This is one of my favorite lessons. I’ve taught it in class before, and I have used it in several of my college courses as well. I have included all the elements needed to teach this lesson. If you use this in any of your own college classes, please credit me for the creation of the PowerPoint.
*Addendum: The photo in one of the slides incorrectly attributes the work “Young Person’s Guide to the Orchestra” to Prokofiev, when it is actually by Benjamin Britten. Thanks to evbarker for pointing that out.
PowerPoint – Instrument Families & Promenade Listening Map
Promenade Sound File
About Lady Fair
Lady is a musician with a bachelor's degree in music education. She plays multiple instruments and has participated in numerous musical ensembles, giving her a wide variety of experiences and knowledge to use in her teaching career. Of her ensemble participation, she has fifteen years of band experience, nine years choral, and four years in orchestra. Éowyn's primary instrument is clarinet, with voice and piano being close secondary instruments. Throughout her musical education career she studied voice and clarinet simultaneously. In addition to clarinet, piano, and voice, she has also studied violin and oboe at the college level, and also plays recorder, tin whistle, and other instruments in the woodwind family.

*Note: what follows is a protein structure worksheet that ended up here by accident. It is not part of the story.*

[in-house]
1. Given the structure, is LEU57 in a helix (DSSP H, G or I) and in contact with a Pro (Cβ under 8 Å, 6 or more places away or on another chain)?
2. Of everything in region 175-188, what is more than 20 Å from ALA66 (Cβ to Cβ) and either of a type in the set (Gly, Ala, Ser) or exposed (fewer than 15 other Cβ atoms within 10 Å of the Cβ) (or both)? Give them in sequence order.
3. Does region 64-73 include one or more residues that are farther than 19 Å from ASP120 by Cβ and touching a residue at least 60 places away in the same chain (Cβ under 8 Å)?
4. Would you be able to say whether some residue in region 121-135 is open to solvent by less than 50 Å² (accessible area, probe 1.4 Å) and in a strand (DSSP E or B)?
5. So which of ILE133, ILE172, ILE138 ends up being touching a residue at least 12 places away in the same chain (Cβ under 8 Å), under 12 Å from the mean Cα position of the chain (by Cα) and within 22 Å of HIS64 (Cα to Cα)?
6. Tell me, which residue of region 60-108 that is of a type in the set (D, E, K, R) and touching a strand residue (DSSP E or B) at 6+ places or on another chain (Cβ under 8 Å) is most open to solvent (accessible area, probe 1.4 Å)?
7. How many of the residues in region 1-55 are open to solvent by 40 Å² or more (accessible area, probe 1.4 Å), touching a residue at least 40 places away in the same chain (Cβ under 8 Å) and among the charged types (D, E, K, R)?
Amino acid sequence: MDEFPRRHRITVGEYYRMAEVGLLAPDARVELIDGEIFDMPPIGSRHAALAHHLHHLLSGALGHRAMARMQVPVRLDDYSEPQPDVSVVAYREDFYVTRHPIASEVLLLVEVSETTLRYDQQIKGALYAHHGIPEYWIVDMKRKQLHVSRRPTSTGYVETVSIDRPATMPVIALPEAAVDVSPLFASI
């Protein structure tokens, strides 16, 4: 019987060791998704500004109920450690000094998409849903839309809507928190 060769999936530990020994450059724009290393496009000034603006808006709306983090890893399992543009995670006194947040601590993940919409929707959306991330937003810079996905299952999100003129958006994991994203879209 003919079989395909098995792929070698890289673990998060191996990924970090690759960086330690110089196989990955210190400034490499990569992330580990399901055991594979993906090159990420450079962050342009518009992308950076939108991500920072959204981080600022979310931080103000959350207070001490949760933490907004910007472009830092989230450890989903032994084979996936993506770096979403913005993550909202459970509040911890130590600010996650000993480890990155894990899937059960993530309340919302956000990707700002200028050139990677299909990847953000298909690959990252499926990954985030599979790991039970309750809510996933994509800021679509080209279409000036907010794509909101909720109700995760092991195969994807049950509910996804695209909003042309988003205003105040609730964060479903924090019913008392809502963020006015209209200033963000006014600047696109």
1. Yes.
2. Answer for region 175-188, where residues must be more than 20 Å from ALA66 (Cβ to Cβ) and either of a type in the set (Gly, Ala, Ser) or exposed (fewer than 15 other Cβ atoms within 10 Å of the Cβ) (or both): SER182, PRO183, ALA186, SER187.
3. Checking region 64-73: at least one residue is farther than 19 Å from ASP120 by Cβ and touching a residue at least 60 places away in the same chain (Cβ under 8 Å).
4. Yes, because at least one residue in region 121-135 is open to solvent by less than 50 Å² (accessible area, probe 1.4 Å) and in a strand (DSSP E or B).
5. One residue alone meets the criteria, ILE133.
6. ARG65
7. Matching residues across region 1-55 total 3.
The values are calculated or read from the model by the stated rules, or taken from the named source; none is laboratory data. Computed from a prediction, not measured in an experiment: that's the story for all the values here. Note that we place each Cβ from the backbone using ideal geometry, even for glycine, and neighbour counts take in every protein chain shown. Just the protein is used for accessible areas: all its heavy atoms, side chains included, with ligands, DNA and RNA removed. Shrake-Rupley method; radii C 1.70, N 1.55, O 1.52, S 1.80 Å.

If you ask her, she will say, "I chose to major in music education because I have a desire to use my knowledge and experience in music to share its beauty and foster a love of music in the hearts of my students. I hope to encourage my students to try their hardest, feel like they have accomplished something, and give them a life long passion for music."
Lady currently teaches private lessons on clarinet, sax, flute, oboe, piano, and voice, and recently gained a position teaching orchestra and chorus at a local middle school. She is also a member of the Once Upon a Dream woodwind ensembles.
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In the power point, “Young Person’s Guide to the Orchestra” is attributed to Prokofiev, but it was actually written by Benjamin Britten.
Thanks for catching that! I did not create the photo myself. Maybe the person who did was thinking of Peter and the Wolf, or made an error in editing.